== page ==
Furi Kuri is such a great anime. But aside from that, it stays with the same feeling as Alien Nine. It's also just as random and weird. If you liked Alien Nine, you will LOVE FLCL.
Ok, so there's an obvious weirdness in both these animes, in fact they revel in it. Beyond this oddness factor, FLCL and Alien 9 both deal with themes of growing up, acceptance into society, responsibility, oh, and creatures from outer space.
Both of these animations explore the experiences of adolescence and coming of age, by the use of fantastic, surreal and absurdist metaphor. However both do so in very different ways.
While Alien 9 looks at the bodily changes of girls entering puberty, FLCL deals with adolescent changes in male psychology, including the sadness of loss, and existential angst.
Rest assured that these ideas are deeply buried within an array of absurd and fantastic chaos! Not quite the very dark sense of humour we find in Alien 9.
Both of these anime involve a young protagonist who was just minding their own business when they got stuck with an alien. The themes in both anime are a bizarre twist of growing up and learning to deal with the world. Both anime involve some fabulous headgear, and both step into the realm past bizarre into mindf*ck. If you want anime where nothing is what it seems and reality took a vacation, watch both of these.
When a group of children discover a strange cave at the beach, their lives are forever changed. Inside they find a hide out filled with computers and a man named Kokopelli who gives them a curious offer: to participate in a special game in which they save Earth from fifteen giant monsters. To defeat the invaders, he will give them a powerful mecha of black armor. The children eagerly sign the contract, name their new weapon Zearth, and must now take turns to pilot it; but the 'game' is in fact all too real and the consequences of battle become the stuff of nightmares. With no option to cancel the contract, is there any way to stop the game before it is too late for all of them?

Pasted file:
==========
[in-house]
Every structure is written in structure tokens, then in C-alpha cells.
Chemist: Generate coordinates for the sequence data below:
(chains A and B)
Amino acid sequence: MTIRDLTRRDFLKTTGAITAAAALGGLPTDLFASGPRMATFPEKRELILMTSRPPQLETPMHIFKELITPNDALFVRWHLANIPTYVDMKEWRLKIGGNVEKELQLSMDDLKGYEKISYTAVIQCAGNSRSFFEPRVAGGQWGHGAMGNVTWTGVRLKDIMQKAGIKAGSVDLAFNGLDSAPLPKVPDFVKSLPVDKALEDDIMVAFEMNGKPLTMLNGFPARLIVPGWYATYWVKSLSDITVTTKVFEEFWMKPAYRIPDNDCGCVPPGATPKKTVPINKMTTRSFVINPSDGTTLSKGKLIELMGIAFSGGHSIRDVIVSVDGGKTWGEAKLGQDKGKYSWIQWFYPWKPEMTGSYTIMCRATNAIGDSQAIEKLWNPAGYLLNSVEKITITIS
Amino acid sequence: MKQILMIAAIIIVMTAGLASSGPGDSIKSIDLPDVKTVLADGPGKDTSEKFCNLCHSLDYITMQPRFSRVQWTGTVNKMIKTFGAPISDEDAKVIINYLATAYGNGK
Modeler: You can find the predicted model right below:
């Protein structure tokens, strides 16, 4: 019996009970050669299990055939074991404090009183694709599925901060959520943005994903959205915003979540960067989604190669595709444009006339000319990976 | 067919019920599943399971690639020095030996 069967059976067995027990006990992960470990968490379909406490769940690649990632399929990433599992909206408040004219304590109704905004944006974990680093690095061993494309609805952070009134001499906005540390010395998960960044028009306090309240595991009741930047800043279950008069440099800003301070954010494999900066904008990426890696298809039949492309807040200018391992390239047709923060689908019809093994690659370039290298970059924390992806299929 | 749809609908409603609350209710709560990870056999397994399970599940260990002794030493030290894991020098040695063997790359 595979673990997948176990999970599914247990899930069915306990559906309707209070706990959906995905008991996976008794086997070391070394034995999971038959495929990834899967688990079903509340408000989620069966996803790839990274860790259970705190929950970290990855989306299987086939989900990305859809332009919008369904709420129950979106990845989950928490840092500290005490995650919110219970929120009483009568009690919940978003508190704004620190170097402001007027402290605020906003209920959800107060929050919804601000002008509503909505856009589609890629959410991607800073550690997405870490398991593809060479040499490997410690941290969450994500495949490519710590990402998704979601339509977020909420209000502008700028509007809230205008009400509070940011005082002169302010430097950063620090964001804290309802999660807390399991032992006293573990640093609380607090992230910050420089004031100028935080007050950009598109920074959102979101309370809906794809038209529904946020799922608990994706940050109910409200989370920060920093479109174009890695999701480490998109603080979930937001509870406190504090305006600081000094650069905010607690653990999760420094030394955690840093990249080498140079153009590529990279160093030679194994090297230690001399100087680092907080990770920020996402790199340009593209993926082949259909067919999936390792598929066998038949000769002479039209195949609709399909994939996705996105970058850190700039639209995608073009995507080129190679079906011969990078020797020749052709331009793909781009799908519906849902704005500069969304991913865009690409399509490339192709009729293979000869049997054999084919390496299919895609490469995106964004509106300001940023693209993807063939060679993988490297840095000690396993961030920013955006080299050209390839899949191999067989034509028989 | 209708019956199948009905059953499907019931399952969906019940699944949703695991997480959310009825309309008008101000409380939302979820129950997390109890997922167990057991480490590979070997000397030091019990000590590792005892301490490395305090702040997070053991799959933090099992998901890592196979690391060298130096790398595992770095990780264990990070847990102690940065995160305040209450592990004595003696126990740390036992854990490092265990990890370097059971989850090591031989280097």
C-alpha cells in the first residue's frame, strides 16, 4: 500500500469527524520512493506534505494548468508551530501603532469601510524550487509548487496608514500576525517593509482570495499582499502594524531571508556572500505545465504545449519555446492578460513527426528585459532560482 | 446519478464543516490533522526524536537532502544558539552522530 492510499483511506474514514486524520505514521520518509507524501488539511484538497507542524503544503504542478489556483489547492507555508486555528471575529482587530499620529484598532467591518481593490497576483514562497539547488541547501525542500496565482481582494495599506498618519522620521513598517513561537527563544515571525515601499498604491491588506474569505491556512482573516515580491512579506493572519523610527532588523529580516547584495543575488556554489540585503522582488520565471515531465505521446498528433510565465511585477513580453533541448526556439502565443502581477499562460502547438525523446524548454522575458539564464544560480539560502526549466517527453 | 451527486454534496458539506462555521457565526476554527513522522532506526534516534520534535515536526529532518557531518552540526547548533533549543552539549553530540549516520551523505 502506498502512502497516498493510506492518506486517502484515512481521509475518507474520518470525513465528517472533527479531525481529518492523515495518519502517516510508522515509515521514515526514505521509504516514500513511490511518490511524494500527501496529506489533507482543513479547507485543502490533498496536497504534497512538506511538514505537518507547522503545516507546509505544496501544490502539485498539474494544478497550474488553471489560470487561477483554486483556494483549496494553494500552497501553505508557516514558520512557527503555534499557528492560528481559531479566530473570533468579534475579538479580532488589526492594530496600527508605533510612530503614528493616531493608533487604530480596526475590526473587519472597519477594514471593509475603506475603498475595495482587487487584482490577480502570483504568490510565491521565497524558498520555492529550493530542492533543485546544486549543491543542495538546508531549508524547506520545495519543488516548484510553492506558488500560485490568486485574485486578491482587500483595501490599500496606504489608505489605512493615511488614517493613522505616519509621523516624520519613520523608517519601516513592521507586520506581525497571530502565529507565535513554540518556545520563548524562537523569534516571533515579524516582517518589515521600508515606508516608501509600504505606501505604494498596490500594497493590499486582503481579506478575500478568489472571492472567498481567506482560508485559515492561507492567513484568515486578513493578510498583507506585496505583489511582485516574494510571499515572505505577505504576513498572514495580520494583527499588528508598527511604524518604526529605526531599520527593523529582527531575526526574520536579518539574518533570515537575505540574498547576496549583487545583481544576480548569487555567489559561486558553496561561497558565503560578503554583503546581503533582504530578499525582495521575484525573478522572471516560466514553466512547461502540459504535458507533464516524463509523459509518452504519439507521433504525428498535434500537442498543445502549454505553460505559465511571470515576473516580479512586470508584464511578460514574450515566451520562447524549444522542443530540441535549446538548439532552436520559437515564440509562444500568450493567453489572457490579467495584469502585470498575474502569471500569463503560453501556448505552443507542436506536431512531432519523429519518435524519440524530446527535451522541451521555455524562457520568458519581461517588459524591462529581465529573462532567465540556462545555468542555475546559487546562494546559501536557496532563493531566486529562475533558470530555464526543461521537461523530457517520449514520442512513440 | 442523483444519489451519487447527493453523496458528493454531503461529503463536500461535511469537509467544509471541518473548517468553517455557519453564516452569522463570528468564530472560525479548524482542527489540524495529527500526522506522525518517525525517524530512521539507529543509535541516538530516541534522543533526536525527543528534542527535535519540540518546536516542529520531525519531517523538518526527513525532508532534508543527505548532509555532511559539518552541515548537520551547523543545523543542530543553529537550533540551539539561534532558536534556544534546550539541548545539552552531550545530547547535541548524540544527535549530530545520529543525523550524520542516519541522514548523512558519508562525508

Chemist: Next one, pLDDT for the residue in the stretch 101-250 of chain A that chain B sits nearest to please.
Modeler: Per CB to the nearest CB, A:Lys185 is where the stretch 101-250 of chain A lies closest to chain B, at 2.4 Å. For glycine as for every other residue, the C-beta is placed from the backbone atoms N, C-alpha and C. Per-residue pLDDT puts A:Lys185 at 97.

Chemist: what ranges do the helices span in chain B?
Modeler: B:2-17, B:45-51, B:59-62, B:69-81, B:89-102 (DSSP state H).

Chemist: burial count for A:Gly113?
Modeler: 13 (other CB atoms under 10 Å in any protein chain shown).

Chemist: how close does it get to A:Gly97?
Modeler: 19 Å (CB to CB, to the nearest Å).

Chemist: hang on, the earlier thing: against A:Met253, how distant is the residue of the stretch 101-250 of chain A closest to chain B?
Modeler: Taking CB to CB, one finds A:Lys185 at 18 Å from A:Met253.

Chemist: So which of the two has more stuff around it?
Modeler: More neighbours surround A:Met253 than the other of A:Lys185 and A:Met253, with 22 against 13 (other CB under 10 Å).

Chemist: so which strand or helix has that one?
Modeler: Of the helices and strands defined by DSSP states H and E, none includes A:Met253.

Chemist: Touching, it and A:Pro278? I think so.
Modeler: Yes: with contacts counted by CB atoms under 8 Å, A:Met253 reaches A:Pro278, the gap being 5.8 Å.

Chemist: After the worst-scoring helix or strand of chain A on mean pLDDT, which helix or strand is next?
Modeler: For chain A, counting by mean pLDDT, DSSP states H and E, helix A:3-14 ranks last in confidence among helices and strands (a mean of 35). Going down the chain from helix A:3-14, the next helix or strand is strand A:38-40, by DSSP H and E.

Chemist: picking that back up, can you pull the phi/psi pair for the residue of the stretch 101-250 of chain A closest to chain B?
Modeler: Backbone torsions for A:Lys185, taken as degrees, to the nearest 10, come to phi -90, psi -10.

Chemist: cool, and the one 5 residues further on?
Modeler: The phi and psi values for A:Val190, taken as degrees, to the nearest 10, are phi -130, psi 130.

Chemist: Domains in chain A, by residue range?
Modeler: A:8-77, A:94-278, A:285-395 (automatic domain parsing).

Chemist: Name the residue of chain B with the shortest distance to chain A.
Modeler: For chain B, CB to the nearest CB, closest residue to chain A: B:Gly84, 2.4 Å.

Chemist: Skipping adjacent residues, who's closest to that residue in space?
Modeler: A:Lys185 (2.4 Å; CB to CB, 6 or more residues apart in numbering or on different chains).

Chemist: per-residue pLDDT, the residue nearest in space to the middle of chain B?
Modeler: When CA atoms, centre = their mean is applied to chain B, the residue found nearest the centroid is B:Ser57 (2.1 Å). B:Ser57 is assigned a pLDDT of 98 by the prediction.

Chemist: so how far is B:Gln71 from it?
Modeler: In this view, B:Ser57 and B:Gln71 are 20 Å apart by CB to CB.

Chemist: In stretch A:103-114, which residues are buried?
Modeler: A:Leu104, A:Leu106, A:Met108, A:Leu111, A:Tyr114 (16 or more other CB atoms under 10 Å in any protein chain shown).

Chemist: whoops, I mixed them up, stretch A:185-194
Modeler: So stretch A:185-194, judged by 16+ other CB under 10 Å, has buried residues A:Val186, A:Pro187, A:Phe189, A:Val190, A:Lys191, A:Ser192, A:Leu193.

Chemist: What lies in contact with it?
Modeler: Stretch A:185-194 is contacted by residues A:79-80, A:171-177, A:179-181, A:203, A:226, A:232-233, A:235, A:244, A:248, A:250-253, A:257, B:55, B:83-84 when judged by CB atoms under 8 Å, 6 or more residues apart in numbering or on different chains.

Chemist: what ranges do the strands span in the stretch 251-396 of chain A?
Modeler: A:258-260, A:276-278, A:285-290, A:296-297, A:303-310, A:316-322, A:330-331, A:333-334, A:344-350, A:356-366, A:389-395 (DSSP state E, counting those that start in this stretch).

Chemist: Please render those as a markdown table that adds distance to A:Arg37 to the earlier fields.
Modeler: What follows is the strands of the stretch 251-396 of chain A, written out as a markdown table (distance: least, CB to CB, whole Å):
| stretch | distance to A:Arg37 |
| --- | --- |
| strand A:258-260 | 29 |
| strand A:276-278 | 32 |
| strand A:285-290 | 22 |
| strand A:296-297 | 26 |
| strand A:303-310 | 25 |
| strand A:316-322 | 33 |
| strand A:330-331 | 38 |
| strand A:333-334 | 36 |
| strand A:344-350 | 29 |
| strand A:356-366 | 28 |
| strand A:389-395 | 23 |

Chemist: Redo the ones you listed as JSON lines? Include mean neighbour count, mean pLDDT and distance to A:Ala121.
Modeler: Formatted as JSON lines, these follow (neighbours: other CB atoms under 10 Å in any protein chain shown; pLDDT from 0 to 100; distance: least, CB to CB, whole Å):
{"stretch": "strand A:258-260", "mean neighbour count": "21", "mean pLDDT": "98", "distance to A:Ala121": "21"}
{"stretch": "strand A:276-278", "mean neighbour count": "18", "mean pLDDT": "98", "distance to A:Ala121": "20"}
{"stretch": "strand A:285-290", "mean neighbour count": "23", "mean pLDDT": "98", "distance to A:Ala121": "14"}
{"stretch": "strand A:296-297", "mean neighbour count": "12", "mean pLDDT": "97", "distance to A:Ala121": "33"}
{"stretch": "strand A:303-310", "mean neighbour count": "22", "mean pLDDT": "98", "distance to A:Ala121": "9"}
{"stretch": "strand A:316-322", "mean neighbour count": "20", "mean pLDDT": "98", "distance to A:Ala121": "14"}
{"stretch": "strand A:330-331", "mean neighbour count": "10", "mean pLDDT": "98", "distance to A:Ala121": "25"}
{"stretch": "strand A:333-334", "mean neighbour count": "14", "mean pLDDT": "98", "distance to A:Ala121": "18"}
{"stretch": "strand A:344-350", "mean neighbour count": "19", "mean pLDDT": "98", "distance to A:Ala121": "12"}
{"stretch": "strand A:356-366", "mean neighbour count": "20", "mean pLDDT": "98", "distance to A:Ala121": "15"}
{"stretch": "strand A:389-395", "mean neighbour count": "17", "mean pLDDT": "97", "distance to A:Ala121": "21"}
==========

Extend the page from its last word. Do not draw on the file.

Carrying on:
Both shows are a good mix of very good sci-fi, action and a subtle blend of dark humour.
I like shows that aren't afraid to play with the psyche, and Bokurano and Alien Nine achieve this with aplomb. Don't expect a happy, feel good ending from these shows, as they are both ominous and foreboding
Bokurano and Alien Nine both share the concept of children placed in situations where they must fight against otherworldly opponents and shows the effects that such battles have on those involved, from the children themselves to the adults that take care of them. Bokurano is more character-driven on the whole, but both are still emotionally wrenching series.